Sources: U-Fed ties still intact

The Minneapolis Federal Reserve let two University economists go last month.

Roy Aker

The Federal Reserve Bank of Minneapolis’ choice to sever ties with two University of Minnesota economists has stirred controversy, but some in the University’s Department of Economics say it won’t adversely affect the department’s long-standing relationship with the Minneapolis Fed.

Economics professor Patrick Kehoe and adjunct associate professor Ellen McGrattan were both monetary advisers for the Minneapolis Fed, but they were let go last month. Kehoe was removed immediately, and McGrattan will finish out her contract, which lasts until January.

The Minneapolis Fed has shared research economists and graduate assistants with the University for decades, said Christopher Phelan, chair of the University’s economics department. He said he expects no hiccups in the University’s relationship with the bank.

Fabrizio Perri, another monetary adviser at the Minneapolis Fed, is currently on leave from his job as a University economics professor.

“Although many of us are bothered by these recent events, economic research is alive and well here in Minnesota,” he said in an email.

Most staff members in the Minneapolis Fed’s research department and the University’s economics department are working to move forward, he said.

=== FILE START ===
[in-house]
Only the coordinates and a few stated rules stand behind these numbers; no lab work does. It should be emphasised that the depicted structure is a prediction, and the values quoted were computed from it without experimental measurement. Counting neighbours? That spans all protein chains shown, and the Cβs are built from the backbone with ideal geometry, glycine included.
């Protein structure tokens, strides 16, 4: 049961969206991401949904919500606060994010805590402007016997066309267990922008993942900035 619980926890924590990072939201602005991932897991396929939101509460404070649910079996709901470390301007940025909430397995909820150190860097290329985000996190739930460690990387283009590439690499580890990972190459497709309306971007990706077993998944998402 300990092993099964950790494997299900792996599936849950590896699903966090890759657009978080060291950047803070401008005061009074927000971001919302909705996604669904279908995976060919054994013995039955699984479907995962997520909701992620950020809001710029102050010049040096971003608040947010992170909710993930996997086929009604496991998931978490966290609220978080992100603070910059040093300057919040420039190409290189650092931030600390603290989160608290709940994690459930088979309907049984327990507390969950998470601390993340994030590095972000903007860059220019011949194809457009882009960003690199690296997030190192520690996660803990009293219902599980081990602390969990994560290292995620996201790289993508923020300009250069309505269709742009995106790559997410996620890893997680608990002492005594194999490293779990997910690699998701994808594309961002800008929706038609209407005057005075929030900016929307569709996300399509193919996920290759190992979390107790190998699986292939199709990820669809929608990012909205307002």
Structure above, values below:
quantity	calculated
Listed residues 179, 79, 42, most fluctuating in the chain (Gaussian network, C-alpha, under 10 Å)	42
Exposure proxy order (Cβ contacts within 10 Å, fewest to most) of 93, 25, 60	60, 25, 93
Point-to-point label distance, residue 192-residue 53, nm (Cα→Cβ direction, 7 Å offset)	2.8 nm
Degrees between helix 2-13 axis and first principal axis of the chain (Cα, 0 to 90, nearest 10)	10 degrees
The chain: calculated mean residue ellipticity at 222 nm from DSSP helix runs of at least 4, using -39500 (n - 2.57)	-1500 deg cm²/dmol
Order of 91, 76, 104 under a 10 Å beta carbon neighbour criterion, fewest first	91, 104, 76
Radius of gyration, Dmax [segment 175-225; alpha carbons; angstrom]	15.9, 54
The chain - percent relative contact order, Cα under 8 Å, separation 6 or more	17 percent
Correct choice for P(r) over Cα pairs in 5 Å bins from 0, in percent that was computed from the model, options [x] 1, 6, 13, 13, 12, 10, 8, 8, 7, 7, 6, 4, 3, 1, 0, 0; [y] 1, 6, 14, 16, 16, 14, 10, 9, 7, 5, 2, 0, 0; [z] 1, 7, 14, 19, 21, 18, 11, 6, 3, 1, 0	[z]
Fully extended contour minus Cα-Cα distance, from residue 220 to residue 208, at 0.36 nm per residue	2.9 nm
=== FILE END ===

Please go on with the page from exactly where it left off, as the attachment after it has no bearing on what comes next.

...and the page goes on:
Edward Prescott, a Nobel Prize-winning economist at Arizona State University and senior monetary adviser at the Minneapolis Fed, said he’s not sure why Minneapolis Fed President Narayana Kocherlakota chose to sever the bank’s ties with Kehoe and McGrattan.

Kocherlokota took his post in 2009. Since becoming president, Kocherlakota hasn’t often been open with the Minneapolis Fed staff, Prescott said.

“He doesn’t talk to anybody — not the people he’s hired,” Prescott said.

Prescott said he thinks the staffing changes had more to do with differences in personality than differences in economic policy.

Because staffing changes like this are rare, Prescott said, some Federal Reserve Bank presidents he has spoken with were “shocked” by the changes in Minneapolis.

“I don’t think [Kocherlakota is] playing optimally from his own perspective,” Prescott said.

Kocherlakota has yet to comment publicly on the matter. But Mary Brainerd, chair of the Minneapolis Fed Board of Directors, released a statement supporting the president’s vision.

She said in the statement that Kocherlakota has expanded the Minneapolis Fed’s research department.

“The bank has an exceptional history of contributions in economic research and a valued relationship with the University of Minnesota,” she said, “and we are confident that President Kocherlakota’s strategy will build on that tradition.”